8 Methadone maintenance treatment is the most highly studied form of addiction treatment. Its efficacy has been established for decades: In 1997, the U.S. Department of Health and Human Services National Institutes of Health Consensus ( NIH ) Panel found that [o]f various treatments available, methadone maintenance treatment, combined with attention to medical, psychiatric and socio-economic issues, as well as drug counseling, has the highest probability of being effective. 3 The Centers for Disease Control and Prevention ( CDC ) called methadone maintenance treatment the most effective treatment for opiate addiction in NIH declared in 1997 that the safety and efficacy of narcotic agonist (methadone) maintenance treatment has been unequivocally established.... [Methadone maintenance treatment] is effective in reducing illicit opiate drug use, in reducing crime, in enhancing social productivity, and in reducing the spread of viral diseases such as AIDS and hepatitis. In addition, NIH found that every study showed that death rates were lower in opiate-dependent persons maintained on methadone compared with those who were not. 5 The National Institute on Drug Abuse ( NIDA ) has said that methadone and other forms of MAT help patients disengage from drug seeking and related criminal behavior and become more receptive to behavioral treatments. 6 When compared with non-pharmacological approaches, methadone maintenance treatment is more effective in retaining patients in treatment and suppressing illicit opioid use, thus enabling patients to enter recovery. 7 Similarly, since 1995, numerous studies have demonstrated the safety and efficacy of buprenorphine in treating opioid addiction. 8 and U.S. Dep t of Health & Human Services, Substance Abuse and Mental Health Svcs. Admin., Are You in Recovery from Alcohol or Drug Problems? Know Your Rights Rights for Individuals on Medication-Assisted Treatment, 2009, p. 4, available at df. 3 National Institutes of Health, NIH Consensus Statement: Effective Medical Treatment of Opiate Addiction (1997), p. 7, available at (emphasis added). 4 U.S. Dep t of Health & Human Svcs, CDC, Methadone Maintenance Treatment (Feb. 2002), available at 5 National Institutes of Health, NIH Consensus Statement: Effective Medical Treatment of Opiate Addiction (1997), p. 4, 7, available at 6 U.S. Dep t of Health & Human Svcs., Nat l Inst. Drug Abuse, Info Facts: Treatment Approaches for Drug Addiction (2009), p. 3, available at 7 Catherine Anne Fullerton et al., Medication-Assisted Treatment With Methadone: Assessing the Evidence, Psychiatric Services in Advance, (Nov. 18, 2013), available at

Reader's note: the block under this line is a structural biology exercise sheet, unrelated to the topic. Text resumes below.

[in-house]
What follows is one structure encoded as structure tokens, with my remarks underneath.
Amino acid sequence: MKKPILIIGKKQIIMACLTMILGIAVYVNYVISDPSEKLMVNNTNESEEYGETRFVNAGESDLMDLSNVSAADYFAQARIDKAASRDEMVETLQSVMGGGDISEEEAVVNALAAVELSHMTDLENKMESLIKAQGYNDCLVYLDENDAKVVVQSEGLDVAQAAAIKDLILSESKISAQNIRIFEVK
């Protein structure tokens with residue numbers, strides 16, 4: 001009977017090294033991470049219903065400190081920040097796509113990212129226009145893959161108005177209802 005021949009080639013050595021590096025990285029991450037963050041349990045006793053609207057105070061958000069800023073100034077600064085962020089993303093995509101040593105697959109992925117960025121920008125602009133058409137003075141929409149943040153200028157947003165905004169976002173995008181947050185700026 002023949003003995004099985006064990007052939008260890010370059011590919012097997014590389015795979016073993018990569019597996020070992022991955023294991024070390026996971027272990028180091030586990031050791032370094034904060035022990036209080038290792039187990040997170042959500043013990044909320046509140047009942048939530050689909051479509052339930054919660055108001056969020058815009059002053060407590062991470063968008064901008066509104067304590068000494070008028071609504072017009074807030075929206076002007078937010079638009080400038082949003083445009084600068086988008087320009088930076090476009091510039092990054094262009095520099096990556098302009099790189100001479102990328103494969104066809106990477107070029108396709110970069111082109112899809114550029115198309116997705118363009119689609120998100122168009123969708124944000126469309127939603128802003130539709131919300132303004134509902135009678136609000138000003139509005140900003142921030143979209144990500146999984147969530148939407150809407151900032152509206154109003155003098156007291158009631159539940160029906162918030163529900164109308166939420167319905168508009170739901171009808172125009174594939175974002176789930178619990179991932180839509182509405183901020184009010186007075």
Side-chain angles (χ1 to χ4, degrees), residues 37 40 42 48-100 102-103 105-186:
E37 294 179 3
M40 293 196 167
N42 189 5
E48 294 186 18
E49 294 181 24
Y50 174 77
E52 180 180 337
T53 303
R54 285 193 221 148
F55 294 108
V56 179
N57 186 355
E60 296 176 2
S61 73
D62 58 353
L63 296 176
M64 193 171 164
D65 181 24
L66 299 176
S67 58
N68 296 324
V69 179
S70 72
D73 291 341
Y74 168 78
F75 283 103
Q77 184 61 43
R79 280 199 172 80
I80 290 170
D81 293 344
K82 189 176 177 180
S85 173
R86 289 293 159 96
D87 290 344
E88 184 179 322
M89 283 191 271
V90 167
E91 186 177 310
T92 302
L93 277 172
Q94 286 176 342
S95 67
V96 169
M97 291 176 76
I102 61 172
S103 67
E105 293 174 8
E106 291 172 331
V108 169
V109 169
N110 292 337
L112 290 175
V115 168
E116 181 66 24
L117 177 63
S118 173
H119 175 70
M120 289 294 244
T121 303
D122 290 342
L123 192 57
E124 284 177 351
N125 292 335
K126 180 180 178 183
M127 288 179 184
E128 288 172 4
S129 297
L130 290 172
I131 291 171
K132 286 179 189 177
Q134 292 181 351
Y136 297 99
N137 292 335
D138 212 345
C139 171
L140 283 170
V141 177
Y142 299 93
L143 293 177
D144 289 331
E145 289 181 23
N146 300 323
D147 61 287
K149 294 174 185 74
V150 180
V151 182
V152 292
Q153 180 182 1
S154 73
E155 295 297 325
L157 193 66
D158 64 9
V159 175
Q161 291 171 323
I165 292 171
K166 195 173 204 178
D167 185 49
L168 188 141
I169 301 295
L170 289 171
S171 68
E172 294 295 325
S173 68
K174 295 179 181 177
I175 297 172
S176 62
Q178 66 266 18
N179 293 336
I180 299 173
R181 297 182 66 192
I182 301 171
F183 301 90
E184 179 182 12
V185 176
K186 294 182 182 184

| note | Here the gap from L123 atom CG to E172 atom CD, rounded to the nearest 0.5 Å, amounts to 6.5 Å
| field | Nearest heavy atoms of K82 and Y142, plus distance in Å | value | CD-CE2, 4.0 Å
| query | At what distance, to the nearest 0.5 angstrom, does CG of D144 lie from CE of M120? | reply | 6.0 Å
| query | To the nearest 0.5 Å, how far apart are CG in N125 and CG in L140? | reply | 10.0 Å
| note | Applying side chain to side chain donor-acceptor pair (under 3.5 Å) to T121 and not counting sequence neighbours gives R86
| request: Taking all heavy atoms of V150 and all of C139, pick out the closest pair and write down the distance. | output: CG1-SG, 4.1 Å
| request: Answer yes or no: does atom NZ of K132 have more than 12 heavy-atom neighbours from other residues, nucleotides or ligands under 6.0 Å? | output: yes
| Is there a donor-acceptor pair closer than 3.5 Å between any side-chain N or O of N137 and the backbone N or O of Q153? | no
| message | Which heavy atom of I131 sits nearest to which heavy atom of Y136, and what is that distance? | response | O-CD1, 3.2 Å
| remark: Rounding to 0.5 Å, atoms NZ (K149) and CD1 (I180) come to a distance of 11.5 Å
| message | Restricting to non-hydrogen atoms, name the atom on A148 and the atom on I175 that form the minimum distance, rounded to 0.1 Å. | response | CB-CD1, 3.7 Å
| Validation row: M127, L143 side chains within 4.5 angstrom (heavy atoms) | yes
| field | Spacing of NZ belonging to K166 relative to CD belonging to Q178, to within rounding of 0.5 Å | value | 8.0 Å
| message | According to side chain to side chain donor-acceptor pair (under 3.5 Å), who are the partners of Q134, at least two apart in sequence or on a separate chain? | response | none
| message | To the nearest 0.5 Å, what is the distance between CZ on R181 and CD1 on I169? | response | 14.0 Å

9 The National Institute of Drug Abuse ( NIDA ) found that, like methadone, buprenorphine has been shown to help normalize brain function for individuals addicted to heroin. 9 A July 2014 Informational Bulletin from the Directors of the Center for Medicaid and CHIP Services, the Centers for Disease Control and Prevention ( CDC ), the Substance Abuse and Mental Health Services Administration, and the National Institute of Health ( NIH ) stated that buprenorphine reduces or eliminates opioid withdrawal symptoms, including drug cravings, without producing the euphoria or dangerous side effects of heroin and other opioids. 10 Studies have shown that buprenorphine is safe and highly efficacious; 11 decreases hospital admissions, morbidity, and mortality; 12 reduces illicit opioid use; 13 increases treatment retention; 14 and is much more effective when used in ongoing maintenance treatment than when patients are tapered off the medication. 15 In short, scientific research has established that MAT increases patient retention in drug treatment and decreases illicit drug use. Studies also have shown that MAT decreases infectious disease transmission, criminal activity, and overdose. 16 II. Common Misconceptions about MAT Despite the overwhelming evidence of MAT s benefits, there are many negative perceptions of addiction medication that often are inconsistent with scientific evidence. Following are common misconceptions and the corresponding evidence about MAT: Common Misconception: MAT substitutes one addiction for another. 8 See, e.g., Cindy Parks Thomas et al., Medication-Assisted Treatment with Buprenorphine: Assessing the Evidence, Psychiatric Services in Advance (Nov. 18, 2013). 9 NIDA, U.S. Dep t of Health & Human Services, Principles of Drug Abuse Treatment for Criminal Justice Populations 5 (Nat l Inst. of Health, NIH Pub. No , Sept. 2006). 10 CMS, SAMHSA, CDC & NIH, Informational Bulletin Medication Assisted Treatment for Substance Use Disorders (Jul. 11, 2014), p Johan Kakko et al., 1-Year Retention & Social Function After Buprenorphine-Assisted Relapse Prevention Treatment for Heroin Dependence in Sweden: a randomized, placebo-controlled trial, Lancet, Vol. 361 (Feb. 22, 2003). 12 Sofie Mauger, Ronald Fraser, & Kathryn Grill, Utilizing buprenorphine-naloxone to treat illicit and prescriptionopioid dependence, Neuropsychiatric Disease & Treatment 2014: , p. 588 (2014). 13 Roger D. Weiss et al., Adjunctive Counseling During Brief and Extended Buprenorphine-Naloxone Treatment for Prescription Opioid Dependence, Arch. Gen. Psychiatry (Dec. 2011), p. 9, available at 14 Cindy Parks Thomas et al., Medication-Assisted Treatment with Buprenorphine: Assessing the Evidence, Psychiatric Services in Advance, p. 7 (Nov. 18, 2013). 15 David A. Fiellin et al., Primary Care-Based Buprenorphine Taper vs Maintenance Therapy for Prescription Opioid Dependence, JAMA Intern Med. (Oct. 20, 2014). r 16 NIDA Topics in Brief, Medication-Assisted Treatment for Opioid Addiction April 2012, available at